The funny thing about podcasts, or any content based on creative interaction, is that there is always more good content than you get to use. Sometimes the most interesting detail or insight ends up buried deep in a less-consequential part of the dialogue. I had exactly that experience with Diego. There was a lot of back and forth in preparation for the podcast. In one revision of the notes we were all working from, a single statement jumped out at me:
“Although it may seem obvious, it is not until recently that many companies realized that their supplier base can propel them to the next level (strategically speaking) or be their demise. The reality is that more frequently than not, suppliers are given a lot of power by their customers, and unfortunately many times companies’ simply don’t know it, or they don’t understand how much they rely on some suppliers, who may or may not be looking after their best interests.”
I can assure you that this statement was not drawn out by some witty question or clever interview technique on my part. It was a spontaneous thought from Diego that warrants further consideration. His statement makes me think of the ‘unknown unknown’.
- The ‘known known’ is the stuff that you know you know.
- The ‘known unknown’ is the stuff you know you don’t know.
- But the ‘unknown unknown’ is the stuff you don’t know that you don’t know.
This is a scary grey area for businesses in general, but particularly risky for procurement organizations. After all, surprises are rarely good.
The unknown unknown is why many people will end a meeting with a question like, “What should I have asked that I didn’t?” When it comes to the supply base and supply chain, although it will never be eliminated, it is part of procurement’s job to make sure the unknown unknown is as contained as possible. One way you can do this is by asking lots of questions of suppliers and internal stakeholders. Another way is by working with an objective third party that is able to see your operation in a way you cannot.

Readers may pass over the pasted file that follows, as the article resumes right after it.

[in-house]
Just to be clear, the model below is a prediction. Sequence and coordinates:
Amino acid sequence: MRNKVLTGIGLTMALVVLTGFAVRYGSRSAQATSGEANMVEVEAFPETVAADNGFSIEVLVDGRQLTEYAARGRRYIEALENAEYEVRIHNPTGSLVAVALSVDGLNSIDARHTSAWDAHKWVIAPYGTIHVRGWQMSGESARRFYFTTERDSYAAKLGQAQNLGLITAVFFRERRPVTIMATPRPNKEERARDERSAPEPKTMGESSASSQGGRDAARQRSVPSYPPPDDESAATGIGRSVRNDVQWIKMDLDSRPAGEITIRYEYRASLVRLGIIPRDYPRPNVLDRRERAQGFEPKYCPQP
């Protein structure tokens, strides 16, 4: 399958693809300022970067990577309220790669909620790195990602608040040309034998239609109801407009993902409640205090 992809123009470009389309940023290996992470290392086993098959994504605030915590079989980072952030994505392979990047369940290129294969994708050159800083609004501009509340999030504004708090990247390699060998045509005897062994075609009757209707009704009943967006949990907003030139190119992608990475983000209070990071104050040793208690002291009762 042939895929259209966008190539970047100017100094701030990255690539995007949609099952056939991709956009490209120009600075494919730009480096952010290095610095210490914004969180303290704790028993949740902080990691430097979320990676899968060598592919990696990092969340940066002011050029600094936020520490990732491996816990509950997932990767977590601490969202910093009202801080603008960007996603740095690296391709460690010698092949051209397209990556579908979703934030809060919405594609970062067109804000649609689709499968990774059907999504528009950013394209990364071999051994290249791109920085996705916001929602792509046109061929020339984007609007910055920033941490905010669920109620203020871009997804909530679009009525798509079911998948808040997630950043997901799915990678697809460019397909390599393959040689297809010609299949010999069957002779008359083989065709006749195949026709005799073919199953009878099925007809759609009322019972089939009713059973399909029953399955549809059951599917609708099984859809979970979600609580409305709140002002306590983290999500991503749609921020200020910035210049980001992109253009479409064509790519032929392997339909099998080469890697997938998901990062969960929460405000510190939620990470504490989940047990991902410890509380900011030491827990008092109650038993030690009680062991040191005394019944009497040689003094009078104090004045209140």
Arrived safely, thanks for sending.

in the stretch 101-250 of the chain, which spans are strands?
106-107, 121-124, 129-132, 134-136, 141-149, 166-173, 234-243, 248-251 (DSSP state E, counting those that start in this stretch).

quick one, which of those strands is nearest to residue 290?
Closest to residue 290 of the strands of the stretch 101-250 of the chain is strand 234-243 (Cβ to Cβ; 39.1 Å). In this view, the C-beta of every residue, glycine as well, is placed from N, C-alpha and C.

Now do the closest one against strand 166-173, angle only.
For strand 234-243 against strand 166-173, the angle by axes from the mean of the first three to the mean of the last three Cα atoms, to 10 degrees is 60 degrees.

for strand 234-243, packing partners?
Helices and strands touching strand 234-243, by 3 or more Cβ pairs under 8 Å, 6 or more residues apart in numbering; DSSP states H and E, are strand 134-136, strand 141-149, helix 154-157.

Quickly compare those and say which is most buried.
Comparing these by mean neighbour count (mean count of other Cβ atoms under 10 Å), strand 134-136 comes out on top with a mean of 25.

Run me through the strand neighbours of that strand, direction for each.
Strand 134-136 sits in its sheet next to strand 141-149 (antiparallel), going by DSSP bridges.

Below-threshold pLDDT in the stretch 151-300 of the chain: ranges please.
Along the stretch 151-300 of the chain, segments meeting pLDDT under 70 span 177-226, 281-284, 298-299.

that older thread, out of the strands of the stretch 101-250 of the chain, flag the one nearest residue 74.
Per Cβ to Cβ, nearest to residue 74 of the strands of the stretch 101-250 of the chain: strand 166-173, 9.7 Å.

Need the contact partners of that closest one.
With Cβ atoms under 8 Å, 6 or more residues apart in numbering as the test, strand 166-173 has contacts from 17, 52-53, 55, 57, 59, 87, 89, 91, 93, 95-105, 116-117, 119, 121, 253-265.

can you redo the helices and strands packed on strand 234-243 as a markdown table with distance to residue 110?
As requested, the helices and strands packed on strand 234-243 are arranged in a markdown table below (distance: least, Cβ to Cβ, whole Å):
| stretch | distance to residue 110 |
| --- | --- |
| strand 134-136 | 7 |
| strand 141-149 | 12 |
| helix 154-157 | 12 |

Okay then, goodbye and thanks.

Early in the conversation (and in Part 1 of the podcast) I asked Diego what kinds of questions CPOs ask Source One behind closed doors. Some of what they ask is what you would expect – questions about changing internal and external conditions and how procurement should respond. But more interesting are the questions they often ask about how their organization looks to fresh eyes:
- “Are my capabilities at the right level of maturity for our operations?”
- “Is my staff right-sized?”
- “Do I have the right category expertise?”
- “Am I confident I have the right costs for products and services?”
- “Is my supply base secure?”
- “Do I have the right cross-functional integration (i.e., IT, finance, legal, etc.)
While those are the questions CPOs ask of Source One, the question I would post to you in the context of Diego’s thought above and the unknown unknown is which of your suppliers have more influence than you realize, and how many of those are acting in your best interests? Join the conversation by commenting here or reaching out on Twitter: @BuyersMeetPoint and @GetSavings.